Judge warns Fotis Dulos to keep GPS monitoring device charged or bond will be raised

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A judge warned Fotis Dulos Monday to properly charge his GPS monitoring device or he will have his bond raised.

Fotis Dulos has pleaded not guilty to charges of tampering with physical evidence and hindering prosecution in the case of his missing estranged wife, Jennifer Dulos. Fotis Dulos is currently free  $500 thousand bond and being monitored by a GPS system.

Jennifer Dulos was last seen dropping her children off at school in New Canaan in May.

Judge John Blawie chastised Fotis Dulos for allowing the required GPS monitoring device to dip below 25% several times in the past month. His attorney Norm Pattis says some areas drain the GPS battery more than others.

Pattis asked the judge to remove the ankle bracelet, saying it's not necessary and that Fotis Dulos has complied with all conditions of his release.

"I am unaware of any other case in the state of Connecticut where a person who's not charged with a crime of violence, with no criminal history has had an electronic monitoring device imposed," said Pattis.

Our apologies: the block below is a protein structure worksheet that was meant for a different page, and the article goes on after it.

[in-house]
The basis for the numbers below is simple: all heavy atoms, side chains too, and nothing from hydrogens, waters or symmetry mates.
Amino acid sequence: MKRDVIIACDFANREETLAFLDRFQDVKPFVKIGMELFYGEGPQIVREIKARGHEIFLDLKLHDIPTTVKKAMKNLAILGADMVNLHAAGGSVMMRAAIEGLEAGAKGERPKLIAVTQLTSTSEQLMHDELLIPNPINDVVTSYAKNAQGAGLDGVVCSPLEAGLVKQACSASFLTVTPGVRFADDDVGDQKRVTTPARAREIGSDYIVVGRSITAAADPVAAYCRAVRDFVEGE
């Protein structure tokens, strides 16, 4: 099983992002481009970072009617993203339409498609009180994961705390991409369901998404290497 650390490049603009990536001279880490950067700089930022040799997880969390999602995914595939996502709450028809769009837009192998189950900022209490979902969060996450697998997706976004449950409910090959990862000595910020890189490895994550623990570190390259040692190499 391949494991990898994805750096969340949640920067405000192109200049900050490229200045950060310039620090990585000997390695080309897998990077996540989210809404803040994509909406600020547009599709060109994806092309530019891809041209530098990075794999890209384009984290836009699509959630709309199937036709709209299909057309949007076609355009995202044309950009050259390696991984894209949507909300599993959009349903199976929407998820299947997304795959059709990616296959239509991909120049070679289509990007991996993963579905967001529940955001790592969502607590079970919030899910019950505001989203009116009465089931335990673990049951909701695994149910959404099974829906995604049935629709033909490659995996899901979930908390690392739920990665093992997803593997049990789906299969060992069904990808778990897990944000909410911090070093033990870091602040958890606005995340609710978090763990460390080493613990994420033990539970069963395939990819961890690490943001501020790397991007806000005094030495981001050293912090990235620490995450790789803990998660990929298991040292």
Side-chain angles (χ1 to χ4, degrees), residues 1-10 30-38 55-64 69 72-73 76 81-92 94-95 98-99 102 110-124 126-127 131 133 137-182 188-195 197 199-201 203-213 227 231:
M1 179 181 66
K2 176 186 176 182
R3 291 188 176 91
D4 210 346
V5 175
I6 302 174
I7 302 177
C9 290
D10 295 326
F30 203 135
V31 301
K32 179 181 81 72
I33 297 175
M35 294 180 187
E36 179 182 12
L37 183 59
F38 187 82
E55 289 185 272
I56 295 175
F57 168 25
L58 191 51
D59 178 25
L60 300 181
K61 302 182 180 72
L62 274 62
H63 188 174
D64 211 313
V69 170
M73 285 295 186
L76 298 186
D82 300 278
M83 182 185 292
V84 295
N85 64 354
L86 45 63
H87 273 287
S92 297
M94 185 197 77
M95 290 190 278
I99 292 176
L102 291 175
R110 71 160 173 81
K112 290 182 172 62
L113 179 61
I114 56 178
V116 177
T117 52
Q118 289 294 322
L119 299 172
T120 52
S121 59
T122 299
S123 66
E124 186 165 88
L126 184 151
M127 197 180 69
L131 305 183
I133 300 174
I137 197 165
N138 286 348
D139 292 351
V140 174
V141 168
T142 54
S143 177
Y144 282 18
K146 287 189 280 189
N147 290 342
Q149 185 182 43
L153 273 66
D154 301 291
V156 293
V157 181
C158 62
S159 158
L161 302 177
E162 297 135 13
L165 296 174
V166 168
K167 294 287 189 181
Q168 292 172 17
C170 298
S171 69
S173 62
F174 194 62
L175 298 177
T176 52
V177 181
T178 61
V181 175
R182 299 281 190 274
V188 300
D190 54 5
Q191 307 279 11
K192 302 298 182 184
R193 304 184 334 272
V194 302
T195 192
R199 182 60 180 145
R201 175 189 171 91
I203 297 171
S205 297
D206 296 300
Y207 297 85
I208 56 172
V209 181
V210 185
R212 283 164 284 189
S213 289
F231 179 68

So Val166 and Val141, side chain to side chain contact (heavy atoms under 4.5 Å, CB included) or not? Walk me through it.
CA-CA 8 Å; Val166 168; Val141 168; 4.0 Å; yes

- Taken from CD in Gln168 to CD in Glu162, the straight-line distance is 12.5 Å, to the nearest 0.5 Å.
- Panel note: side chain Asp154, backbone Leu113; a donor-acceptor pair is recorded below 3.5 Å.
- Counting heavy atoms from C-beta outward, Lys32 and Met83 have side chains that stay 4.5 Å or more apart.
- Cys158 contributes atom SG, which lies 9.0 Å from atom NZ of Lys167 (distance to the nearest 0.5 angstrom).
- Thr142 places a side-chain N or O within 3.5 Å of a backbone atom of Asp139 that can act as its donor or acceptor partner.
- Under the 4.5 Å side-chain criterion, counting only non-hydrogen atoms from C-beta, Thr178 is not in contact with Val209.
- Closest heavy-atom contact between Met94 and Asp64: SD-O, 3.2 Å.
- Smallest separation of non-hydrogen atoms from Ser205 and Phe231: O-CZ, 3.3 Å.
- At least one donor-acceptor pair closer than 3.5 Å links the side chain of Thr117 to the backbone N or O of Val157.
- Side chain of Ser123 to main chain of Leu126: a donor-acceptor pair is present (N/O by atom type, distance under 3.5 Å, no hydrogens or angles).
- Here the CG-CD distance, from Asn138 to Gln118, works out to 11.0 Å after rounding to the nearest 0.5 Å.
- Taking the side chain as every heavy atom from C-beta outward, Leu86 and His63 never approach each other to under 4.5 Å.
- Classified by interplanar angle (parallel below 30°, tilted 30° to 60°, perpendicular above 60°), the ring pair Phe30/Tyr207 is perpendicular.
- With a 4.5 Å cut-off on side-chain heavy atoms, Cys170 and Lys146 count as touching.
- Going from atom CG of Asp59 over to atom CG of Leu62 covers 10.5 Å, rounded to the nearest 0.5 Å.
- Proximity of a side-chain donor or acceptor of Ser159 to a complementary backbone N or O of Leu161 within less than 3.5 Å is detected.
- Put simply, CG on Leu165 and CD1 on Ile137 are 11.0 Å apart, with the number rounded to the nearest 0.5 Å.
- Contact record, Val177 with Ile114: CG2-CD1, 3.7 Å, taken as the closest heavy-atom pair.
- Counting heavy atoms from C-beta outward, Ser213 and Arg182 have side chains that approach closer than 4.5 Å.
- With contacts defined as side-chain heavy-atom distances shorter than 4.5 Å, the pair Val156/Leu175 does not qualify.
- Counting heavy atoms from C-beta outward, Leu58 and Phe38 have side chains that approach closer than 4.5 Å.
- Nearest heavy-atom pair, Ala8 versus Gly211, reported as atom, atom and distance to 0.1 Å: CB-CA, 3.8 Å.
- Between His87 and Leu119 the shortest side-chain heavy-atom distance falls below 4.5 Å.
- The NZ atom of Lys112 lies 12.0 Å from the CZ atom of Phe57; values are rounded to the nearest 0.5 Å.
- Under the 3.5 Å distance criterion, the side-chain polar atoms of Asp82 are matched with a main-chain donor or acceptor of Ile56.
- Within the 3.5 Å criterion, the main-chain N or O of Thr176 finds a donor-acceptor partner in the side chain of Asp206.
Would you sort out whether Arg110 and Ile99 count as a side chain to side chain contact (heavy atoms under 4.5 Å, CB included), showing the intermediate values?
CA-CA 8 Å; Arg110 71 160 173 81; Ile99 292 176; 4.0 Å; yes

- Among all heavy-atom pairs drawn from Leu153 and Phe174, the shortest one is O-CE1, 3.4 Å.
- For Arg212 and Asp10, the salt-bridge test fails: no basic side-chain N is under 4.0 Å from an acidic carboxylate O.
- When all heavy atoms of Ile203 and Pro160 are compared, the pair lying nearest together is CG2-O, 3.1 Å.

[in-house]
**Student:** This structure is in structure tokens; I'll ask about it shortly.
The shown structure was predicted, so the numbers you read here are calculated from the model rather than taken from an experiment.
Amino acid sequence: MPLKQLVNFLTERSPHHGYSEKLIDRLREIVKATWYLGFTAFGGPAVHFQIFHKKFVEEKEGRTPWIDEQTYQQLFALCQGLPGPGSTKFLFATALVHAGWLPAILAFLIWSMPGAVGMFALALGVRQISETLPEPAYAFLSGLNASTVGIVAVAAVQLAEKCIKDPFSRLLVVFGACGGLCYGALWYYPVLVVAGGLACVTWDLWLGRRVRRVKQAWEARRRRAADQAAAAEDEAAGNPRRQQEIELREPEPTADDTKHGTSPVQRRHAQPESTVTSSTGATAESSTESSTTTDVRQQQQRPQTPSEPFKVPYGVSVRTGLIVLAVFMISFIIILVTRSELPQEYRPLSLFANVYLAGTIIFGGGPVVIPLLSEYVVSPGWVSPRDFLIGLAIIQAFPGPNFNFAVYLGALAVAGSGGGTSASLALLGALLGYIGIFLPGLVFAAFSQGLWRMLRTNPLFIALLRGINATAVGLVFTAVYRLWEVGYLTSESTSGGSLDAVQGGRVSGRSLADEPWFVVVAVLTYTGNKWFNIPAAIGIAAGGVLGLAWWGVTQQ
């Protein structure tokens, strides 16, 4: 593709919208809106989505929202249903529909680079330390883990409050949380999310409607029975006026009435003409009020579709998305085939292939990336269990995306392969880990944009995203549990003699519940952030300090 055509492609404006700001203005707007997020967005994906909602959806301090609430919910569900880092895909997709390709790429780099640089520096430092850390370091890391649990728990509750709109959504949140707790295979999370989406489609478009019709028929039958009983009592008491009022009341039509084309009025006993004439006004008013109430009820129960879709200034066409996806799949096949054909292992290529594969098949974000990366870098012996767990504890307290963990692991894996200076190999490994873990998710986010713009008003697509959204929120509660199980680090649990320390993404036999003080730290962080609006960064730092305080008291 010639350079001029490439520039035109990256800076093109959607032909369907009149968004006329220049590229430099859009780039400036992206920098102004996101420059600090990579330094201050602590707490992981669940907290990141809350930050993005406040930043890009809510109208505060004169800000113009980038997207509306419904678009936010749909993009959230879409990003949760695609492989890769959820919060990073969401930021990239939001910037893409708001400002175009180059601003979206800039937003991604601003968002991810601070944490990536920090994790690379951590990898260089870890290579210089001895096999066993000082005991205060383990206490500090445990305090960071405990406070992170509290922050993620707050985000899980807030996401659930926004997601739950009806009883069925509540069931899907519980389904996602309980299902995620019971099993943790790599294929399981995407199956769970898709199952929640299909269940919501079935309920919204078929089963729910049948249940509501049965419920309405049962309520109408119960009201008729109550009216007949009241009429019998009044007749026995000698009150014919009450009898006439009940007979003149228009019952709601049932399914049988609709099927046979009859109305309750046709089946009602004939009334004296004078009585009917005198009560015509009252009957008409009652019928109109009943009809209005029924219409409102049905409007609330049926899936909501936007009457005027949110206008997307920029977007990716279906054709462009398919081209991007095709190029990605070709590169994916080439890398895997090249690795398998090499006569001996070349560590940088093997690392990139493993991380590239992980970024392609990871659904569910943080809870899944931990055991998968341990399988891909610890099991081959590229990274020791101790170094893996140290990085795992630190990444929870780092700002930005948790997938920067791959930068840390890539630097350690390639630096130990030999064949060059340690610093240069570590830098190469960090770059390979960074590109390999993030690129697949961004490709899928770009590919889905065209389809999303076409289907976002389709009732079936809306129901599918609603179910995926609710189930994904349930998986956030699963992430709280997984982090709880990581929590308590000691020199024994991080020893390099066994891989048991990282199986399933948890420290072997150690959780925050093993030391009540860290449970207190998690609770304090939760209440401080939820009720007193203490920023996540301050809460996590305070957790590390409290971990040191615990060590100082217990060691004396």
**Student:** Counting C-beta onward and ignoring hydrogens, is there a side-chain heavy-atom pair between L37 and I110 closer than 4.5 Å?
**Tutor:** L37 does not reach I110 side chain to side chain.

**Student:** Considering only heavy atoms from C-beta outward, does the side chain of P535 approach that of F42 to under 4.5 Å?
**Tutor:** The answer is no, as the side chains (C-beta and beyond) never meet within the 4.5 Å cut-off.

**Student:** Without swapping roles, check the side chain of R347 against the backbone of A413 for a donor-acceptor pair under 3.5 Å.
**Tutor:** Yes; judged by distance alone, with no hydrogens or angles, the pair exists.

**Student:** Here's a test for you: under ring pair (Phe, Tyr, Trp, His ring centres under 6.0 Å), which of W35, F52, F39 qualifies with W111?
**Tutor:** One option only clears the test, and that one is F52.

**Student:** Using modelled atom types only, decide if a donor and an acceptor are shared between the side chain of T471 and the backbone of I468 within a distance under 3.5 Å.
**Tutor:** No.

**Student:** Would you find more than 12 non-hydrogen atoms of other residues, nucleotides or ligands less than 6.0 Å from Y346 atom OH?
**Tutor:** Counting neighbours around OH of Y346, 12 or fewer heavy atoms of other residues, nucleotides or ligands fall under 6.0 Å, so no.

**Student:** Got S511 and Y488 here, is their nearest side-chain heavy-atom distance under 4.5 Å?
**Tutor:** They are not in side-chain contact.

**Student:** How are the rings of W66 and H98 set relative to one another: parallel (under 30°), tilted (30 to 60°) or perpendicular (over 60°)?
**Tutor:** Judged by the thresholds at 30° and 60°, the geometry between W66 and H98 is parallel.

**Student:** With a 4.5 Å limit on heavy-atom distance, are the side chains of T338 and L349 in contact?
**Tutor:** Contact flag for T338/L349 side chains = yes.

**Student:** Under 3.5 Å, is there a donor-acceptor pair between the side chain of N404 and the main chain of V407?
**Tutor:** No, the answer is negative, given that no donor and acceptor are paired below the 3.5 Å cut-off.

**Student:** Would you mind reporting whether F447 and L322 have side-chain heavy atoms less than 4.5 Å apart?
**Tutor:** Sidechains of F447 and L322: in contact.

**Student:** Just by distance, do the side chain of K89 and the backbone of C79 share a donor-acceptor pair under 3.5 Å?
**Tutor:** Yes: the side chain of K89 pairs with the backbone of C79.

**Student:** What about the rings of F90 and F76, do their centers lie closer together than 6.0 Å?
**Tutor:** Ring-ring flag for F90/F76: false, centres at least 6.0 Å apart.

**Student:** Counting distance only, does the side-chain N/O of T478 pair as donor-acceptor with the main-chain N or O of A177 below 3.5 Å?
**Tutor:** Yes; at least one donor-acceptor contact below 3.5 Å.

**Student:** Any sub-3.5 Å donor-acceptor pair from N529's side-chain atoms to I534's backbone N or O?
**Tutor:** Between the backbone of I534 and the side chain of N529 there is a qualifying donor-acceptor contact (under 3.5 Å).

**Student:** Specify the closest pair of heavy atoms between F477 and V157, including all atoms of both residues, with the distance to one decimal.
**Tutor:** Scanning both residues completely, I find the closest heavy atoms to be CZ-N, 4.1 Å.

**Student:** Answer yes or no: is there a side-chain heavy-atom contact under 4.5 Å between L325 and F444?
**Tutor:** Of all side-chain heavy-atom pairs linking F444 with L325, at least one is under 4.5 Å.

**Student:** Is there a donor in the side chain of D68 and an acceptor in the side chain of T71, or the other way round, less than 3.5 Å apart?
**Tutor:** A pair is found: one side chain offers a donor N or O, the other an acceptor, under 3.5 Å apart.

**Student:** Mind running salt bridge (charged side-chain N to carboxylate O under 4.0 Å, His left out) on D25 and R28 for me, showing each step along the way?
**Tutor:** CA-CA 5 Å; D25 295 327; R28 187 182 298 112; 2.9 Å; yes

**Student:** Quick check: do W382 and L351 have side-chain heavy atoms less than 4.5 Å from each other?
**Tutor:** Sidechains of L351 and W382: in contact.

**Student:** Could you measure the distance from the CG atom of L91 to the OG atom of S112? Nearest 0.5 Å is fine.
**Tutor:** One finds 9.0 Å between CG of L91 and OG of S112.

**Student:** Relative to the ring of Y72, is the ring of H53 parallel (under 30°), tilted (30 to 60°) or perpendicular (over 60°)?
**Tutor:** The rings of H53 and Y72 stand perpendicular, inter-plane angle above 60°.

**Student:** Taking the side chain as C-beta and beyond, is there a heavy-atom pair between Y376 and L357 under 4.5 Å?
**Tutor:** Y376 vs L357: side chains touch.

State attorney Rich Colangelo countered saying if the judge was going to revisit GPS monitoring, he should set a curfew for Fotis Dulos.

"Because he's obviously just thumbing his nose at the court. He's not able to comply with your orders. Looking at what probation is saying, this is a person that believes he is above the court's orders and doesn't really understand the seriousness of what he's facing, even the charges he's facing right now," said Colangelo.

Blawie said he will leave conditions of bond as is. He said Fotis Dulos must comply with the GPS monitoring.

Fotis Duolos made a brief statement following the hearing saying, "I would like to thank all these people who have given me their support. I just want to tell you how much I love my children, and I can't wait to see them."

Pattis was more restrained when he spoke with the media after court than in the past, due to the recent gag order in this case. He spent much of his time in court Monday arguing against it and told the judge he intends to file an appeal with the Connecticut Supreme Court Wednesday.

 The Associated Press helped to contribute to this article.

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